Community workshops taking place this week provide all of us with an opportunity to have a say in the future of our schools.
The Victorian Government has said the consultations are a chance to bring about ‘‘truly transformational change’’ in our local education system and we agree.
Low school retention rates, high youth unemployment and more young school leavers not engaged in further study or full-time work indicates things are not working as well as they could be in our four state secondary schools.
In saying this, we should be careful not to blame teachers, who face a daily battle of engaging students in the face of an all-pervasive social media, the scourge of family violence, and performance testing.
The world is in a state of flux — digital expansion and the rise of robotics and artificial intelligence means workplace requirements are no longer what they were — so school curriculums must change.
On top of this, social shifts in culture, gender and racial tolerances and wealth distribution, place extra pressure on schools to be places of safety, role modelling and counselling.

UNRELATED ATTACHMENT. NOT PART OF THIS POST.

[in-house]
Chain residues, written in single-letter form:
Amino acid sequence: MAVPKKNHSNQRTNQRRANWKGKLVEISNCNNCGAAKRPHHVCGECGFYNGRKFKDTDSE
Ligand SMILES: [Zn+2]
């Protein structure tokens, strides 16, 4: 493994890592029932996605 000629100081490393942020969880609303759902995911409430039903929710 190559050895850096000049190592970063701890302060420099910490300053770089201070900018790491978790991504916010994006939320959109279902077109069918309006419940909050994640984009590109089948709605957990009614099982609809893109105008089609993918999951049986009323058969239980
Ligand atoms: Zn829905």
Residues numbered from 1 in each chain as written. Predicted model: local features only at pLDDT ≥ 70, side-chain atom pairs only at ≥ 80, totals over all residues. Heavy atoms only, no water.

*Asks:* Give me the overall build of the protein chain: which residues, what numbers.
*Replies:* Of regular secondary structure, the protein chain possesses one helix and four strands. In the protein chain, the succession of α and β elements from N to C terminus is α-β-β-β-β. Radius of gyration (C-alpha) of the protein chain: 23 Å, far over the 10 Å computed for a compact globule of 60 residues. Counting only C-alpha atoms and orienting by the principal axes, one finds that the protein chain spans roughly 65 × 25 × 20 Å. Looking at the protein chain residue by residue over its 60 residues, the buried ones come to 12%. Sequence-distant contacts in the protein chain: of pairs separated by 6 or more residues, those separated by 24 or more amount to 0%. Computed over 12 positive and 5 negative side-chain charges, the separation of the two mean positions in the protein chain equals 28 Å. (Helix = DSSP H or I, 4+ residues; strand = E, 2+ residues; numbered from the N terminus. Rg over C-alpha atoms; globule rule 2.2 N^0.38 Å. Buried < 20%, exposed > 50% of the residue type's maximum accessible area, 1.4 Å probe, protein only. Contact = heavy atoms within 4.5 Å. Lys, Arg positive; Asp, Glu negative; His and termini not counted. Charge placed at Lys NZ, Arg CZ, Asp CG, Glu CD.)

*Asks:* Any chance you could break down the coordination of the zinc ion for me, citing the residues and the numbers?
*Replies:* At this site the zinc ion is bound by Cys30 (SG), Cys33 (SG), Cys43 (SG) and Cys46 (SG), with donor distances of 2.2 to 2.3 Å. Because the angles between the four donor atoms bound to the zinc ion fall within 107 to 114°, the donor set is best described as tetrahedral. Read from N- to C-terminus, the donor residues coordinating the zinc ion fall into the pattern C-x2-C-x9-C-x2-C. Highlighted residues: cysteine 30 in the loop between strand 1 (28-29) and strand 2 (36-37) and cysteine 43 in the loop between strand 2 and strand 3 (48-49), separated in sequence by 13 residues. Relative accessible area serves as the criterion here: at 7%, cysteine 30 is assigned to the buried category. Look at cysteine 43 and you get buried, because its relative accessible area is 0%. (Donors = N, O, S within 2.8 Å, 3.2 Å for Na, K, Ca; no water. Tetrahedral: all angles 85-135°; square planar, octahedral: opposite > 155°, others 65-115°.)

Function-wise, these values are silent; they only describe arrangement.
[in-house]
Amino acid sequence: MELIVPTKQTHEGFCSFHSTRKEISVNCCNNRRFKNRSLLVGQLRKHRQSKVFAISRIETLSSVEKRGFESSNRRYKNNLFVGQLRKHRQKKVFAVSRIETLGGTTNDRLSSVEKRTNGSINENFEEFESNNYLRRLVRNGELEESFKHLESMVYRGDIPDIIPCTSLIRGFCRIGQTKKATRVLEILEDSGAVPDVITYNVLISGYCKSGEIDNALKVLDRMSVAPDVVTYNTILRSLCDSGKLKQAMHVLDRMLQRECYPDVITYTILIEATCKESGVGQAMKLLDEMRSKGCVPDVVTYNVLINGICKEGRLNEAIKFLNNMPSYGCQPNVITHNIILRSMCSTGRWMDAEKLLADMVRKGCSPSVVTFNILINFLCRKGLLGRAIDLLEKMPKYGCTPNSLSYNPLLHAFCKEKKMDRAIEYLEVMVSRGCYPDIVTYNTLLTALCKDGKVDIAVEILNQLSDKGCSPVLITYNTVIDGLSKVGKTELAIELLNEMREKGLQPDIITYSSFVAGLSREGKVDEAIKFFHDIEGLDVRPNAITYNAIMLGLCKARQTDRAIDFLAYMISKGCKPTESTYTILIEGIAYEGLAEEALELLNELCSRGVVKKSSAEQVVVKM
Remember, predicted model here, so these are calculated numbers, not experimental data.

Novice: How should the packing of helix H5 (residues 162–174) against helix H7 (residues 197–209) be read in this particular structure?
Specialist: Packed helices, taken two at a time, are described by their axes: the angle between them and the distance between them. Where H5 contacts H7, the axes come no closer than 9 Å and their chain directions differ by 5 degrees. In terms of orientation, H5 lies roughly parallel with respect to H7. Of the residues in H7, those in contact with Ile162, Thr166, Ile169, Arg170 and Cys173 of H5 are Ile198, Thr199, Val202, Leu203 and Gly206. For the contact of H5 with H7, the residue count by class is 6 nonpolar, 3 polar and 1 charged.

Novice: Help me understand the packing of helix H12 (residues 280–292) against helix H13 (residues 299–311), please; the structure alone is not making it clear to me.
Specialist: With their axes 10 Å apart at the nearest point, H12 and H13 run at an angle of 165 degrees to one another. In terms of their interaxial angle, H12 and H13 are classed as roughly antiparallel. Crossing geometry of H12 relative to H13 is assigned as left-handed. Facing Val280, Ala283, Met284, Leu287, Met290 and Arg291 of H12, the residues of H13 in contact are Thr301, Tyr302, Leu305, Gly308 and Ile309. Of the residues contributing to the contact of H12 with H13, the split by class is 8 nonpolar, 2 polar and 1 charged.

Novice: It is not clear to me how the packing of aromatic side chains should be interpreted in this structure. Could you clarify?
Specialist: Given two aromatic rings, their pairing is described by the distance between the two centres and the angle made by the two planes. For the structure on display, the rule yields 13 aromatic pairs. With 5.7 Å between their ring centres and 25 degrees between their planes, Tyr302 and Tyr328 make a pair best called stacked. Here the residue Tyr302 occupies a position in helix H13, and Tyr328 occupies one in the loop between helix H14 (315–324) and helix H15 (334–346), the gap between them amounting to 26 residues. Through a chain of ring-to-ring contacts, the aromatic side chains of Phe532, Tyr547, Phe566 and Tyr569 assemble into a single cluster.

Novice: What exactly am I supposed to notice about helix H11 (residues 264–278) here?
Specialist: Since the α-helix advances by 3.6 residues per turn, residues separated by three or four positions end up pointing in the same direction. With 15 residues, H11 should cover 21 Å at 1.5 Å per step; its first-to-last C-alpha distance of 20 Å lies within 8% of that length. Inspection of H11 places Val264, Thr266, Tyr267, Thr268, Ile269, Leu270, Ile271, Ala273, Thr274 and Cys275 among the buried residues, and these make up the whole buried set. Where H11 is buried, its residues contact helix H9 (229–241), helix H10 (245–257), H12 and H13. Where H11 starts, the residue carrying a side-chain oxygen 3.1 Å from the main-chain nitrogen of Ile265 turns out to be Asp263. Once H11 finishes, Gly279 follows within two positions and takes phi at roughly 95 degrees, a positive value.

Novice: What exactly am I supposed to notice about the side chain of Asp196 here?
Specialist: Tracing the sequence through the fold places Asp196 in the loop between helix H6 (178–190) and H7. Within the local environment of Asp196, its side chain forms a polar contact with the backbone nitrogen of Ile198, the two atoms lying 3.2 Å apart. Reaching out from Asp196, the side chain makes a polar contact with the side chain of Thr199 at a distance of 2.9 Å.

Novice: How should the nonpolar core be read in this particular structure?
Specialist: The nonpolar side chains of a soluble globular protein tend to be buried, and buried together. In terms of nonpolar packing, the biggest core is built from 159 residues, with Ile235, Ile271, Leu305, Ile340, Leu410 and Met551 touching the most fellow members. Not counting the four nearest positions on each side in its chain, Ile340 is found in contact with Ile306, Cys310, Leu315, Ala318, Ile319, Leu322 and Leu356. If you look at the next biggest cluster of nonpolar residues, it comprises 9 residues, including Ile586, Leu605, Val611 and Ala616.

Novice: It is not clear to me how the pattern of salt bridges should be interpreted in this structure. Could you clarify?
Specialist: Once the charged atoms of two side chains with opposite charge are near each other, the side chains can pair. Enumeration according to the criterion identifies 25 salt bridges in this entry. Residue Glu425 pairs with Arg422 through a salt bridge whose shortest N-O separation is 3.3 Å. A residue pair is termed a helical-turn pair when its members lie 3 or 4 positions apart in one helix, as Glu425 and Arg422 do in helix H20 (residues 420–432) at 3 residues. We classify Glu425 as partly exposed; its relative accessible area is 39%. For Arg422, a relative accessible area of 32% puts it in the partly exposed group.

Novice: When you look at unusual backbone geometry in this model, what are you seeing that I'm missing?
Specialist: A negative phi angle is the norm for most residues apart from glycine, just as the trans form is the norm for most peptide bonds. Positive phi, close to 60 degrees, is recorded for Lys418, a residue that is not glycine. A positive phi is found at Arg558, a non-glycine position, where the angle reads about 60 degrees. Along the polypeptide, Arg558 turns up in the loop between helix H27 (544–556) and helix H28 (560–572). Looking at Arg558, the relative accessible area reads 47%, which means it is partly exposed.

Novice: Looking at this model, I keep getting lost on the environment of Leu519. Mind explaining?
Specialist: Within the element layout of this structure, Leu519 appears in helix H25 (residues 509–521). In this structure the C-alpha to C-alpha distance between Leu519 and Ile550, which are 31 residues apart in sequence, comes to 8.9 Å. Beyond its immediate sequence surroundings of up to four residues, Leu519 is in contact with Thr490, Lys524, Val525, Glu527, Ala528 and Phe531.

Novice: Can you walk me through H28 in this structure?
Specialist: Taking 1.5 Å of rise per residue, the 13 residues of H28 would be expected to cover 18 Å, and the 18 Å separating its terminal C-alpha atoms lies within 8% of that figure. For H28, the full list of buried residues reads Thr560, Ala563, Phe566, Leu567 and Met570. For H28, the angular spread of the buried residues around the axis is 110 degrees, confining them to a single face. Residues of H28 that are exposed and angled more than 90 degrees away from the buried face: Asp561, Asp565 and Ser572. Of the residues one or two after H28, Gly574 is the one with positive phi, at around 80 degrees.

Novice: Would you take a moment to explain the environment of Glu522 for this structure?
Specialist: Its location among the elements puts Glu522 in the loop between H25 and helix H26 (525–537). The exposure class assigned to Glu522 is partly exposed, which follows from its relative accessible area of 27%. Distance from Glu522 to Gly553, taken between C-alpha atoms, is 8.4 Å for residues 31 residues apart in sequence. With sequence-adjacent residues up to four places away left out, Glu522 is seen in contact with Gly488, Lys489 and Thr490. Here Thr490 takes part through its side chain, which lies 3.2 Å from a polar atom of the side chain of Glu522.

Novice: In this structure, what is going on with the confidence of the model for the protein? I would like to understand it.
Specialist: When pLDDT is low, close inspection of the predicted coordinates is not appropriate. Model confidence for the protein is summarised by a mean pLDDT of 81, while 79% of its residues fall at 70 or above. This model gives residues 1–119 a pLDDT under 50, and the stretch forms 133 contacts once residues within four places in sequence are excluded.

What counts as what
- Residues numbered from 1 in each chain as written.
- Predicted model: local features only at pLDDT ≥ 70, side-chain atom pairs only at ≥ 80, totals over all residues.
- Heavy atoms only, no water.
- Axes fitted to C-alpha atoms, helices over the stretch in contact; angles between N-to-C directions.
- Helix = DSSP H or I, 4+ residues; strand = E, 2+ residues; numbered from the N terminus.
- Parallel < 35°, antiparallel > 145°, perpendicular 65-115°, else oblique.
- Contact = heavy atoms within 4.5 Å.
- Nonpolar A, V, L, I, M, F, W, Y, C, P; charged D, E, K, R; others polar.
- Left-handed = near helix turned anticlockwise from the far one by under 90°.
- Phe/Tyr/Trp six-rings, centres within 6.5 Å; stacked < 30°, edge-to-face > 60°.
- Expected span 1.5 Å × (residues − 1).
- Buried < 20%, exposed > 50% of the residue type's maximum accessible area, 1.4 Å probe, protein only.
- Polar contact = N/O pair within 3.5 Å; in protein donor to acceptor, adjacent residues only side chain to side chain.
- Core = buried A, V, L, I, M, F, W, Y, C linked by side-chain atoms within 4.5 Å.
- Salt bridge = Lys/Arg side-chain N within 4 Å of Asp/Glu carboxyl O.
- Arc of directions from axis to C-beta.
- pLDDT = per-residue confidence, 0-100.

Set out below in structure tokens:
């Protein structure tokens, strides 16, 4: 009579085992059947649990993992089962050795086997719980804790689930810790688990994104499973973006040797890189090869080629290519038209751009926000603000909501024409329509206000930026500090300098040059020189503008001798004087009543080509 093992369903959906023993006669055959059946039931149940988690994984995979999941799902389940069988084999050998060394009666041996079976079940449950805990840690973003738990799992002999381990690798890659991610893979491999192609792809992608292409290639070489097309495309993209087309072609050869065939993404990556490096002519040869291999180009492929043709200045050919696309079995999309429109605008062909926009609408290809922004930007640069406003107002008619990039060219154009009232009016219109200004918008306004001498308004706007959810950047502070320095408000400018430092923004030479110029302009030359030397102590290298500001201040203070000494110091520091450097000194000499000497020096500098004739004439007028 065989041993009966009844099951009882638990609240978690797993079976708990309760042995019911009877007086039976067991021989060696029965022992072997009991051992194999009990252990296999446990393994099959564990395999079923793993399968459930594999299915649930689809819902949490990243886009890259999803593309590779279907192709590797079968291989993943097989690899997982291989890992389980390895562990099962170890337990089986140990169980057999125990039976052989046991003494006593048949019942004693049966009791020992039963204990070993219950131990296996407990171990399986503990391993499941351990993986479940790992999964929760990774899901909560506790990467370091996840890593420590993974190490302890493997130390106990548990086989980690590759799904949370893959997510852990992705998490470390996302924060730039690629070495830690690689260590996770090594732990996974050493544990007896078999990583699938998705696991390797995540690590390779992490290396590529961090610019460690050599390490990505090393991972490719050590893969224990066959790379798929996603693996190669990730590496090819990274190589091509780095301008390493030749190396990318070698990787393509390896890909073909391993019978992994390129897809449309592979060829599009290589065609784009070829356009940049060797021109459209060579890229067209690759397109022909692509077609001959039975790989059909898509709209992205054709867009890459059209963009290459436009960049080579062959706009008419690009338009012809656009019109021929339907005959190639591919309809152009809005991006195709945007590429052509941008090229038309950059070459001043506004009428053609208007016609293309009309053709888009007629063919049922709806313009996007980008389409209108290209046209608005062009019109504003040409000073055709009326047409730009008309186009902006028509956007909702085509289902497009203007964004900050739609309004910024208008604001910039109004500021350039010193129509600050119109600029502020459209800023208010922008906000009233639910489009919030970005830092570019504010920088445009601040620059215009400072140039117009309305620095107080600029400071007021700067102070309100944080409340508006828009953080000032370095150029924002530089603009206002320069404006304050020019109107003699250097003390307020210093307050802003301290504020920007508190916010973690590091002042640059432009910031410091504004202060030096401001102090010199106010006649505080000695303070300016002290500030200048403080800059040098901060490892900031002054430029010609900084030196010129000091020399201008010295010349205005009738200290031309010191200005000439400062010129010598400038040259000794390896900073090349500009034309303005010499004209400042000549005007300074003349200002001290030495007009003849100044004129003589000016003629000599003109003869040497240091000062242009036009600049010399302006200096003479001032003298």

During these times of seismic societal changes we ask a lot of our school systems, our school buildings and of our teachers.
So now is a good time to look at bold options for the future and to grasp the chance to deliver a new education model which will sustain the coming generations during the 21st century.
The Shepparton Education Plan contains four choices — the first two of which are options for our schools to continue operating as they do now, with little no change.
Options three and four in the Shepparton Education Plan involve creating a new state-of-the-art secondary school, on either one or two campuses.
The new school would be formed by merging the existing four secondary schools, to create one new secondary school, with a series of smaller ‘‘houses’’ within a larger school.
This model would also offer a new trade skills centre, technical school and children’s centre.
Dandenong High School, with about 2000 students from more than 65 different cultural backgrounds, is cited as a successful ‘‘school within a school’’ model.
This might seem a move away from the rural idea of a school as a nurturing village to one of an urban corporate model of business excellence.
But the fact is, secondary schools have been operating as self-sustaining businesses for decades.
The creation of a single, large school would hopefully also provide the infrastructure for an over-arching administrative section, allowing the smaller ‘‘houses’’ to get on with the daily task of nurturing and teaching.
Whatever the outcome, we believe these consultation sessions provide a real chance to deliver ground-breaking positive change for our local schools.
We urge everyone to contribute to the discussion.